Now it was I who shook my head. “But I don’t remember anything.”
Batyst looked long and hard into my eyes, and held my wrists so that I could not look away. “You will, Del. No one else has until tonight – no one else but me, ever. But you will, and you will remember more than anyone.”
At this I laughed. “How do you know that?”
He smiled gently. “I know that, Del, because not all knowledge is kept in archives, in dusty vaults beneath some Temple. I know because the Blood of History told me so.”
I could find no response to this. Ryn stood to go, then stopped.
“There is something else,” he said. “I need to warn you. The Blood of History requires sacrifice. It has been too long isolated. It needs our strength if we are all to continue. It doesn’t happen very often, perhaps once a year. But sometimes a Blooded goes into a Well of the Dead and does not come out. It gives no warning, but we all believe the process is quite painless. There is no body later.”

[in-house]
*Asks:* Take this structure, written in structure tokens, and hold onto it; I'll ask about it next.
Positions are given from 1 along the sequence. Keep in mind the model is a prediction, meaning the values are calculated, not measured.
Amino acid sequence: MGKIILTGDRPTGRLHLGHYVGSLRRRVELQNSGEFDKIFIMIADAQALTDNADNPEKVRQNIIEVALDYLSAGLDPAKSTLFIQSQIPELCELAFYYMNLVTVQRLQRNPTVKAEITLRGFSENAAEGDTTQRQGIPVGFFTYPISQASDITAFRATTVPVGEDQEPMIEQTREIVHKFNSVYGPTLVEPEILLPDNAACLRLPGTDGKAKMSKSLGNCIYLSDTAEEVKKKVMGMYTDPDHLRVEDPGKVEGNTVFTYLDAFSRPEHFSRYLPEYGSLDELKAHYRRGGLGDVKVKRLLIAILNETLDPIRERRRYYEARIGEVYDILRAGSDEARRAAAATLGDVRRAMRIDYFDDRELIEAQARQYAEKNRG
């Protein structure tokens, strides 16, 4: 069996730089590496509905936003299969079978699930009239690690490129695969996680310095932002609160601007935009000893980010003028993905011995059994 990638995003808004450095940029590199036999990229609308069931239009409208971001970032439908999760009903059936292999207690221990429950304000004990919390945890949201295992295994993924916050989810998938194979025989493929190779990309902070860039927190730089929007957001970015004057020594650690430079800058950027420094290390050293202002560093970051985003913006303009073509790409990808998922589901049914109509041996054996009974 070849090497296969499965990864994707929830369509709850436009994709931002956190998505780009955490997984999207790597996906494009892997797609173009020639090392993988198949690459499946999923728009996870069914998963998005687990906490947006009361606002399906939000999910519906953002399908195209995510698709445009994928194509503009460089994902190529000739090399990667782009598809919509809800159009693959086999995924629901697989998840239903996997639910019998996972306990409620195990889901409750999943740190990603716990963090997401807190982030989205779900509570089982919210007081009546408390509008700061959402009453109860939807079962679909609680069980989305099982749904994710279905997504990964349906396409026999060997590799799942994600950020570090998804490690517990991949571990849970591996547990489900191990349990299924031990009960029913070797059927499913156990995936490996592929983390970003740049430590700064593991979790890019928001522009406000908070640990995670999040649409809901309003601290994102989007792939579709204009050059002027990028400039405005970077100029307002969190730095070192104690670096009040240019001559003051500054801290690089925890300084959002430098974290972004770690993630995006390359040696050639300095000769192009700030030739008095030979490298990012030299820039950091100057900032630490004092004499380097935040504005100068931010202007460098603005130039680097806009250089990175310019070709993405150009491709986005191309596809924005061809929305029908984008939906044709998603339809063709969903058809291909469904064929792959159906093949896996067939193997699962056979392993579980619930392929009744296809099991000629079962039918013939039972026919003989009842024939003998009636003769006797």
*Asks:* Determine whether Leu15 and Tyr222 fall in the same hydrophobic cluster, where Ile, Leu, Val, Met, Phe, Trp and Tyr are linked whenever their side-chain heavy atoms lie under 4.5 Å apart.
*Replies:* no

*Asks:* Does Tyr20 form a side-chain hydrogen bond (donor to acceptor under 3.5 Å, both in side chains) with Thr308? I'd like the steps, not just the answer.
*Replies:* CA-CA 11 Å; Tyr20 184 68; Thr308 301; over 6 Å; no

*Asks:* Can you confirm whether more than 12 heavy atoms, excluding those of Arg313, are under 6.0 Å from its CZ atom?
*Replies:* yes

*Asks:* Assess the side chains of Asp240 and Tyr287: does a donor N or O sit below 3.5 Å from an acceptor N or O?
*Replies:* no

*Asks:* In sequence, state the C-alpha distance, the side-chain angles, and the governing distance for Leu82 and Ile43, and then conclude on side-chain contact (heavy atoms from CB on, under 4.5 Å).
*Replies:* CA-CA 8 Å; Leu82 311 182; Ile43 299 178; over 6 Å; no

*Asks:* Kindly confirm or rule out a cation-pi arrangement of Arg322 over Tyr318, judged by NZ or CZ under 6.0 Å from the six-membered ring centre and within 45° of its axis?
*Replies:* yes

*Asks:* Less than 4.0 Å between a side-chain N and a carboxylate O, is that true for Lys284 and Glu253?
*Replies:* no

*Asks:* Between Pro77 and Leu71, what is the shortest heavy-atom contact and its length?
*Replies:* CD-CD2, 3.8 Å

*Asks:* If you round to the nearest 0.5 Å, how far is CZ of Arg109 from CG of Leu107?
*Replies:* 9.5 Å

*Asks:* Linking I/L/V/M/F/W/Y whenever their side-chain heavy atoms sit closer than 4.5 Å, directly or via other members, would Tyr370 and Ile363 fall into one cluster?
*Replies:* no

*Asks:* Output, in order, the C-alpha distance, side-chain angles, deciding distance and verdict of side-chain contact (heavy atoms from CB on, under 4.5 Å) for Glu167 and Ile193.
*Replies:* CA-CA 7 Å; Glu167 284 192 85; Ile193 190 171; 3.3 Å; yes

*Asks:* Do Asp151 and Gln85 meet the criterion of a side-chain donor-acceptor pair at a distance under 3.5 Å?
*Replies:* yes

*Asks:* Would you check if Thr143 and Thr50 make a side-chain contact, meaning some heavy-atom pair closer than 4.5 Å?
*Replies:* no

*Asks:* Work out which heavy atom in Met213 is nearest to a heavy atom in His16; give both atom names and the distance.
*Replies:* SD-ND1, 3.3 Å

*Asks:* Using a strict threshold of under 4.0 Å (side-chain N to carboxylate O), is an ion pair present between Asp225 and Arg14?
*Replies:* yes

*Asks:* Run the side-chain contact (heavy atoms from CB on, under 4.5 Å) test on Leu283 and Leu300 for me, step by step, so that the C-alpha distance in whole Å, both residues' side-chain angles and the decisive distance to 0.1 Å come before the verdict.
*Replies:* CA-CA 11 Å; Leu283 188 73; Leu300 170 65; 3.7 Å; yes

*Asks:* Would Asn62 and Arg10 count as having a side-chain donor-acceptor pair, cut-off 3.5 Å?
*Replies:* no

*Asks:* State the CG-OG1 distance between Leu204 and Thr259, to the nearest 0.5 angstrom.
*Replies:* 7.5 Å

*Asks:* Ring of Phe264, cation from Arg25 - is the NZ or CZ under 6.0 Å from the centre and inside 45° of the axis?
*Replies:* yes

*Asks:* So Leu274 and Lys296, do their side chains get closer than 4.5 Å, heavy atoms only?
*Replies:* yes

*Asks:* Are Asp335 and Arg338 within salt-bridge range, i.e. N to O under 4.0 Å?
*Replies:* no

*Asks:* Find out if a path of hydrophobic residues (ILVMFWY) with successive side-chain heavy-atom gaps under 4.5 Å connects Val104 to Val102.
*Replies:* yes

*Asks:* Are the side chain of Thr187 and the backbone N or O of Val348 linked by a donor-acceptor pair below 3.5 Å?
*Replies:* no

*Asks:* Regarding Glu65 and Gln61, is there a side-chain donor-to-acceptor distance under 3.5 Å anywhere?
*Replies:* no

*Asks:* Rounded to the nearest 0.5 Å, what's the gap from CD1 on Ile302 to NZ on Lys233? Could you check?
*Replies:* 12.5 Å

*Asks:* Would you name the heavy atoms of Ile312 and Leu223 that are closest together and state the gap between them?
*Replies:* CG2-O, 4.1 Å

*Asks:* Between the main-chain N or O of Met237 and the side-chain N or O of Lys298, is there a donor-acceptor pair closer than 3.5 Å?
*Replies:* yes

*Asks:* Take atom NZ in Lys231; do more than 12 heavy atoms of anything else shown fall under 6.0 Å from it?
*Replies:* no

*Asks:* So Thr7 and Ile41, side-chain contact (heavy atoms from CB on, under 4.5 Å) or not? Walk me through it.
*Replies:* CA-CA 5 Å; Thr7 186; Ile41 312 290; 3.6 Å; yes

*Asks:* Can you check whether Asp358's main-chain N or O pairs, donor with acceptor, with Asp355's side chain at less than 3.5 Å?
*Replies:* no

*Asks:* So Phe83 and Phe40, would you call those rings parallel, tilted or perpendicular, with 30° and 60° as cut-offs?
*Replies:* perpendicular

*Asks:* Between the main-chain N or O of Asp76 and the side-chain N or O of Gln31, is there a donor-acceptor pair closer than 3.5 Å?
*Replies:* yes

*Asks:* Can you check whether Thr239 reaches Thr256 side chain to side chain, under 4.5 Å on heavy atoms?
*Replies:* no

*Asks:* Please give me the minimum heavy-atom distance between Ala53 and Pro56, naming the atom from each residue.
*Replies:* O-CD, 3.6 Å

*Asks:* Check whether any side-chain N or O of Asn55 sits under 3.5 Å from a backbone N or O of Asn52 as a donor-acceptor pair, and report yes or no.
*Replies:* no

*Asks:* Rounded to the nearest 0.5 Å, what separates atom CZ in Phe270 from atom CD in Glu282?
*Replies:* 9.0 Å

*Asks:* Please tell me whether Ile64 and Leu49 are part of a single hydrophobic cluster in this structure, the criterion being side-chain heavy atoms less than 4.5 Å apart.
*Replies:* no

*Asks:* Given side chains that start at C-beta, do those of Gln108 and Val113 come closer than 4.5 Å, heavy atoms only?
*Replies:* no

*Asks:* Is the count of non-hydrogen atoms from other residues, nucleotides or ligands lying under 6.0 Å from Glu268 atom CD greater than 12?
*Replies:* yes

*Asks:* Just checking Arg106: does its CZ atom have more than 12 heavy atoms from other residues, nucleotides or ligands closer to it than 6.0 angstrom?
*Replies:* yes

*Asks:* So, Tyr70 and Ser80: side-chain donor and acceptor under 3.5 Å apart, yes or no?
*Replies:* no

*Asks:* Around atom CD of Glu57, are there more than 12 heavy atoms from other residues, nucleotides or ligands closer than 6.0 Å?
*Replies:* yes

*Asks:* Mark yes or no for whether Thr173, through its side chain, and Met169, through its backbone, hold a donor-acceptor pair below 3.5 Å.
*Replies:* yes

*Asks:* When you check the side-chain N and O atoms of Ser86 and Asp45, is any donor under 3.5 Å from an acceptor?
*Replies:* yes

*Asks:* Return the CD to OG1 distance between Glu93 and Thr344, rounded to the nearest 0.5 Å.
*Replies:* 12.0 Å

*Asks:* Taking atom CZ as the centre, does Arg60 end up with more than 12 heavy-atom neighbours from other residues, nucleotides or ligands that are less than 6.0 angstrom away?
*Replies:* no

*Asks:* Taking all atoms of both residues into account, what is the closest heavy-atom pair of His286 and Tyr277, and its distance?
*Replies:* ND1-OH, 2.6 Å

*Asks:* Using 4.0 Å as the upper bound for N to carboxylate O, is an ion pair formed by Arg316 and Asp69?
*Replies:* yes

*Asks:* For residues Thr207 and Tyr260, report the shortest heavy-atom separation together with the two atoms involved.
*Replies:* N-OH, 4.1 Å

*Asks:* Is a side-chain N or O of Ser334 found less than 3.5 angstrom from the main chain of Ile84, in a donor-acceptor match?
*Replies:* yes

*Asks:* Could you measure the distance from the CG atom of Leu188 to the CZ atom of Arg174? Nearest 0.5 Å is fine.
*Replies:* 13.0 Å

That was the not the first time I learned this lesson, and it will not be the last. The human mind is not capable of comprehending the indifference with which machinery regards our individual mentality.
Yet last night I trusted myself to them again, and into a Well of the Dead I fell.
The experience, of course, cannot be described – except to say that it must be like being born. Inside a Well of the Dead, you fall into an ocean of thick red fluid; it feels boundless because you cannot move. That is why you fall into it backwards, in the manner of the executed – it is the most comfortable position the Blood of History supports, if comfort actually applies in that place. The Blood holds you and supports you and does not let you breathe of your own accord. Rather, it subdues you until you take it in and it can infiltrate your lungs; the Blood of History is quite safe enough to breathe. You know that it is red because the Wells of the Dead, when woken, provide their own illumination. Then begin the recollections.
They are usually quite like dreams, only more vivid than you have ever known, and the dead whom you are about to dream approaches you in your mind and introduces his or her self. And a person’s memories in full contain more information from all the senses than one can possibly experience. To live someone else’s life as though it were one’s own quite surpasses the limitations of our language; perhaps that is the beginning of the corruption that affects all the Blooded now.